Was Second Half Real for Hawks Taurean Prince?

DETROIT, MI - FEBRUARY 14: Taurean Prince
DETROIT, MI - FEBRUARY 14: Taurean Prince /

When choosing an MVP for the Atlanta Hawks this season, it’d be hard not to choose Taurean Prince by default. The second-year player led the Hawks in three pointers, total minutes and placed second in points per game, all while being the only Hawk to appear in all 82 games, in which he was the starting small forward.

The impressive sophomore season was highlighted by an insanely powerful second half, when The Prince That Was Promised single-handedly kept the Hawks in games at some points.

From the start of March until the end of the season, The Baylor product scored a striking 19.2 PPG, while also shooting 42% from beyond the arch, and 89% from the stripe.

This stretch was spotlighted by a four-game stretch in mid-March. During this run, Prince scored 38 in two separate games (25, 22 in the other two), and while they lost all four of the games, there was little doubt Prince was one of the best players on the court, and was easily the Hawks’ best player.

While some might see this as a breakout, some might see it as a fluke. There is supporting evidence for both of these thought processes.

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First, it’s not a coincidence that Prince’s scoring stats started to rise right around the time that several notable players left the lineup. Marco Belinelli was waived (averaging 11.4 PPG at the time) as was Ersan Ilyasova (10.9) and Kent Bazemore (12.9) was injured around the same time. Losing three efficient scoring options is tough for any team, and the Hawks needed someone, anyone, to step up.

Prince heard the call and he answered, and in the 17 games after the departure of the aforementioned names, he averaged 20.1 points on over 16 shots a game, while having an overall +/- of -4.4 which is definitely not bad for being on a bottom-tier team like the Hawks.

The biggest detractor to Prince would be that he wasn’t a consistent scorer when surrounded by other scorers, and the main reason he broke out in the last two months of the season was because he was the lone scoring option besides Dennis Schröder (who also missed the last nine matchups of the season).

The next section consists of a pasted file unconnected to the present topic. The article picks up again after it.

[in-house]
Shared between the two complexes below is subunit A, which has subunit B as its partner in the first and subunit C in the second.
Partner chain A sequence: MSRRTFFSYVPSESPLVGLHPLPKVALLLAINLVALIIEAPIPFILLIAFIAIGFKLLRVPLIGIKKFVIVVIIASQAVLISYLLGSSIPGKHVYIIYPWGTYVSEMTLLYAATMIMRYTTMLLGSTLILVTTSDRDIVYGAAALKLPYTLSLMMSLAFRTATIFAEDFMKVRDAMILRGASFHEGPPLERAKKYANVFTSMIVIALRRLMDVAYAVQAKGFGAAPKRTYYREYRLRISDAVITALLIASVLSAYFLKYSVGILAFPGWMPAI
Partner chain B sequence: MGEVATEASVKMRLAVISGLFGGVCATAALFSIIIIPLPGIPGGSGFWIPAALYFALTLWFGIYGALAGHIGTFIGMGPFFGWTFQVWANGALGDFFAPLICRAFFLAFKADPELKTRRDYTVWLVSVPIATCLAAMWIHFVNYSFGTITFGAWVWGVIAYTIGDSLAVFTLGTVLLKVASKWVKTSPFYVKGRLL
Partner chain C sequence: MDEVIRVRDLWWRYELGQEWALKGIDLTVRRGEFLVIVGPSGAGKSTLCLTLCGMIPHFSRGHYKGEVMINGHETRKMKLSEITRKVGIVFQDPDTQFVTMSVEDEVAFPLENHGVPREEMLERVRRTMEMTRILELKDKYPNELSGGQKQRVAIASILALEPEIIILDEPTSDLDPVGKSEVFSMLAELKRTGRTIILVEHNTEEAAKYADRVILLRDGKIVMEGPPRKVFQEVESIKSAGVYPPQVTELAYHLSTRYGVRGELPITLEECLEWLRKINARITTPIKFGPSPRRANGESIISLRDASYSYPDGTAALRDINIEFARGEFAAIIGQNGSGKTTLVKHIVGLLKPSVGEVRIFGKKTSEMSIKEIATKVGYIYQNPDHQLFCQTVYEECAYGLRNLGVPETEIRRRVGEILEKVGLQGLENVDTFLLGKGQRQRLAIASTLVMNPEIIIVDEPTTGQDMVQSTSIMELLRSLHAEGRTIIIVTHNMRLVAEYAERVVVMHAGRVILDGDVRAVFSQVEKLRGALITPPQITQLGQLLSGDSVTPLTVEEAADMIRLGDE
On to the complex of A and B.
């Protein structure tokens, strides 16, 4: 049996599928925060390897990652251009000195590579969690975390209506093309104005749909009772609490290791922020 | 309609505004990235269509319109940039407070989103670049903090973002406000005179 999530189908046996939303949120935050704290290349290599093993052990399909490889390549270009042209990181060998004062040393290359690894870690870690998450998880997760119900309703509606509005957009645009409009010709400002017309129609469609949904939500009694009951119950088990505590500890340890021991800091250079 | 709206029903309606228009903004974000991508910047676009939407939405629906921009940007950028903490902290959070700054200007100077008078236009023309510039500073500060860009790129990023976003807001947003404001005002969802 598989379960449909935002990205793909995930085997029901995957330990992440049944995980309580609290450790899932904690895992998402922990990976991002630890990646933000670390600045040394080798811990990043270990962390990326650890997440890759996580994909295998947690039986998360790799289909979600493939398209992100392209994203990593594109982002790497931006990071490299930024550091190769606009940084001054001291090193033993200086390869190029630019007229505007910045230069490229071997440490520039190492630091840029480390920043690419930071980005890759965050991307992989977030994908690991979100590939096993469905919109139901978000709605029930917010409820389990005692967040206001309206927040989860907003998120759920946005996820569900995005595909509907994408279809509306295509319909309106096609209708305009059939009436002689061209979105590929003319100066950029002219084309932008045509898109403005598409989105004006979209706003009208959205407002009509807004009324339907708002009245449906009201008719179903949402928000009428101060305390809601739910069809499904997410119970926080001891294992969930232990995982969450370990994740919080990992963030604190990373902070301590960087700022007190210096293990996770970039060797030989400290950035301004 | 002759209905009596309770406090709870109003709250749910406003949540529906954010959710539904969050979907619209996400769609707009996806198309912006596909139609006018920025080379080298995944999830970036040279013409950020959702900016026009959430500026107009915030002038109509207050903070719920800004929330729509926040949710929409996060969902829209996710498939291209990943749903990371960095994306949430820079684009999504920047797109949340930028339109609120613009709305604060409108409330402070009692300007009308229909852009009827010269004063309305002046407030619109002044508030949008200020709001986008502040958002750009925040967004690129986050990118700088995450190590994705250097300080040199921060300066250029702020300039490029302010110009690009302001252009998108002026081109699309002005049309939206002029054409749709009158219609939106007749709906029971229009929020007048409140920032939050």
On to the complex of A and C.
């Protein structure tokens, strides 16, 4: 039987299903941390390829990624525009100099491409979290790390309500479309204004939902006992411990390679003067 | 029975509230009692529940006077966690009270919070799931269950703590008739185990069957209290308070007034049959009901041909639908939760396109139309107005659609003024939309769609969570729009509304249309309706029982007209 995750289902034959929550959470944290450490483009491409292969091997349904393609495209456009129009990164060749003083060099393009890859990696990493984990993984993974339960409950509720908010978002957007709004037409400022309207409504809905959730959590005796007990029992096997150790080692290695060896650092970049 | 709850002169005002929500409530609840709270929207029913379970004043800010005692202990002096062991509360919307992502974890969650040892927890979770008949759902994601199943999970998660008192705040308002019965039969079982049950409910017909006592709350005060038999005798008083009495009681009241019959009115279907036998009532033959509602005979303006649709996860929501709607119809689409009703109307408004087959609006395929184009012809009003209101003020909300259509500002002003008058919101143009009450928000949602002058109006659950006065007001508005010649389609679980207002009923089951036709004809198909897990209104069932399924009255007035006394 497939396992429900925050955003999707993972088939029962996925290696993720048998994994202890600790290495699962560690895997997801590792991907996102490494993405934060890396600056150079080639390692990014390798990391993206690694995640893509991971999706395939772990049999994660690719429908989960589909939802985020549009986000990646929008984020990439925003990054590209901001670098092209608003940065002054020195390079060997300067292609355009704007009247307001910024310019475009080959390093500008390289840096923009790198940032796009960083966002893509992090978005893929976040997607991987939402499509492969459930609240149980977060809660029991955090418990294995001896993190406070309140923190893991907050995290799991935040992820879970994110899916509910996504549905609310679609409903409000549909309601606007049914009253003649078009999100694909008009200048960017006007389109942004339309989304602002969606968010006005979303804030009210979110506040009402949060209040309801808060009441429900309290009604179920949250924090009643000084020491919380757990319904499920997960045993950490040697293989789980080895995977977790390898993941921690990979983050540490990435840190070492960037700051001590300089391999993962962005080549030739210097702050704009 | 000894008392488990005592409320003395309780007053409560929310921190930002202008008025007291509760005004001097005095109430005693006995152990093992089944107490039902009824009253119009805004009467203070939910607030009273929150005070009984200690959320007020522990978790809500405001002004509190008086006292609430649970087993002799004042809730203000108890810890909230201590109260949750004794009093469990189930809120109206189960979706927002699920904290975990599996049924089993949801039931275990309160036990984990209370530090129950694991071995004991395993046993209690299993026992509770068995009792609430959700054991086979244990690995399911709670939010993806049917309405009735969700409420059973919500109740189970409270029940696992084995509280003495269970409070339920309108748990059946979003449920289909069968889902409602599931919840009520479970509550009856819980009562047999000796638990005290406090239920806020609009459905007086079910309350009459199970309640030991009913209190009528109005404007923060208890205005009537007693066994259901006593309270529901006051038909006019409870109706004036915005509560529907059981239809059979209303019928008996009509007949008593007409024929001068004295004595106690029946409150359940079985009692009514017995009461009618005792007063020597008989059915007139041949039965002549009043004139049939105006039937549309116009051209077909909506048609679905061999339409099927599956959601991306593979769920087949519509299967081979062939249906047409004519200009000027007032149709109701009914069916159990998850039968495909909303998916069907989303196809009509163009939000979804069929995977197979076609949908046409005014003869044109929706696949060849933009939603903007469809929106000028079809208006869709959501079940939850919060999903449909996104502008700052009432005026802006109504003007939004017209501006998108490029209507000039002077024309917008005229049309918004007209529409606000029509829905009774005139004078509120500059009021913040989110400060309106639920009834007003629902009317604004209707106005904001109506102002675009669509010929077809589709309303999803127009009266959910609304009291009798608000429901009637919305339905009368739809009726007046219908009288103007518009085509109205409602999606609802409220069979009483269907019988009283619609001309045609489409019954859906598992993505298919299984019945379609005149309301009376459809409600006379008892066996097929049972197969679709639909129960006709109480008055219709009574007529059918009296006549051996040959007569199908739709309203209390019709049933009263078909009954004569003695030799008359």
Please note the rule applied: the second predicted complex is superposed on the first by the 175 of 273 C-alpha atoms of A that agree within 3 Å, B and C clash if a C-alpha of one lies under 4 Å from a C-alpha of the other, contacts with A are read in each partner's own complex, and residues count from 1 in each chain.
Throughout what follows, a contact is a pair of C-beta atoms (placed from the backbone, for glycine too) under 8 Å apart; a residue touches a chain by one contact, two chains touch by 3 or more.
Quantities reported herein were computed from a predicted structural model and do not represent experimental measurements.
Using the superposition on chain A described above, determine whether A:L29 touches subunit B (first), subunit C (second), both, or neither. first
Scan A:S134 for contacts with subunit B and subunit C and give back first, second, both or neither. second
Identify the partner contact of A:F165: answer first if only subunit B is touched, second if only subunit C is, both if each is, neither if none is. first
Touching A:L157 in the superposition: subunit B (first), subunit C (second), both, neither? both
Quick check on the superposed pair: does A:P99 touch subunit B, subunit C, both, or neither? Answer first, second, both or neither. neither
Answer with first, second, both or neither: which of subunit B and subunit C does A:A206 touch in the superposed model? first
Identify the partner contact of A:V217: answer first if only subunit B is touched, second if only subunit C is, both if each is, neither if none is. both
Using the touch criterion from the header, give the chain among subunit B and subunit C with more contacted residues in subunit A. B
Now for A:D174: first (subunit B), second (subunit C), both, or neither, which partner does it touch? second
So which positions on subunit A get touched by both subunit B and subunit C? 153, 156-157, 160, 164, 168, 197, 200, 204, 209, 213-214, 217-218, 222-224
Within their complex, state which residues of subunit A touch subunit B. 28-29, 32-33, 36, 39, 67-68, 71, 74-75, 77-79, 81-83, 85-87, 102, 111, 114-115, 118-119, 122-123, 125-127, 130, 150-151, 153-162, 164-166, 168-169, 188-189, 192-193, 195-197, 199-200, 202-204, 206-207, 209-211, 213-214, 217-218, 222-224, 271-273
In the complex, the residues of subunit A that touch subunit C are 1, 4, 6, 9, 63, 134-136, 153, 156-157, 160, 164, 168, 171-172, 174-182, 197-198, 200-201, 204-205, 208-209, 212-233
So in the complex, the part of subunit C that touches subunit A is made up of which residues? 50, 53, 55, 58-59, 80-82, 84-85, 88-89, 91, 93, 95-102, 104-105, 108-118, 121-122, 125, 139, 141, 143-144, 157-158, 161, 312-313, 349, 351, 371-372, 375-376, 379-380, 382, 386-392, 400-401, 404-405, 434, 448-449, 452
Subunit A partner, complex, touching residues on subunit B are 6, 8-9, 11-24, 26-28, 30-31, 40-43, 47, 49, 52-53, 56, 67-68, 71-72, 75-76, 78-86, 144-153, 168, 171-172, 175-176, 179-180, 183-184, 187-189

Watching TP closely, though, shows his game is clearly evolving. He was always a pretty good three-point scorer, but was mostly thought of more as a catch-and-shoot type of guy, not much of a shot creator. That changed this season. He’s a good ball handler for his size and has the ability to dribble his way into a shot.

He also uses his impressive speed in interesting and creative ways. Watch him zoom down the baseline for an open three here:

Then watch him turn on the jets to block Kelly Olynyk:


Speed is an insanely valuable basketball skill when you know how to use it. Last season and early this season Prince was still a raw talent, but his second half boom could be him finding a way to utilize his speed.

Outside of scoring, Prince added 3.5 assists a game after the All-Star break, up considerably from the 2.3 he put up in the first half. This could actually be a more likely result of key players leaving, allowing Prince to flex his distributing muscles, but still, it’ll be interesting to see if he can build on some highlight passes he made like this one:

Finding a player who can score, pass, defend, rebound and block is one of the hardest things to do in the NBA. During the home stretch of this season The Prince That Was Promised showed flashes of being a five-tool player. If he continues to build on this, he could be a true quality small forward for the Hawks in the future.

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Though it is possible that the former lottery pick has hit his ceiling, but there’s no reason to think he can’t build upon this and more. Alongside John Collins, it looks as if Atlanta has found two of their cornerstones of the future — now let’s see if they can find more in the draft.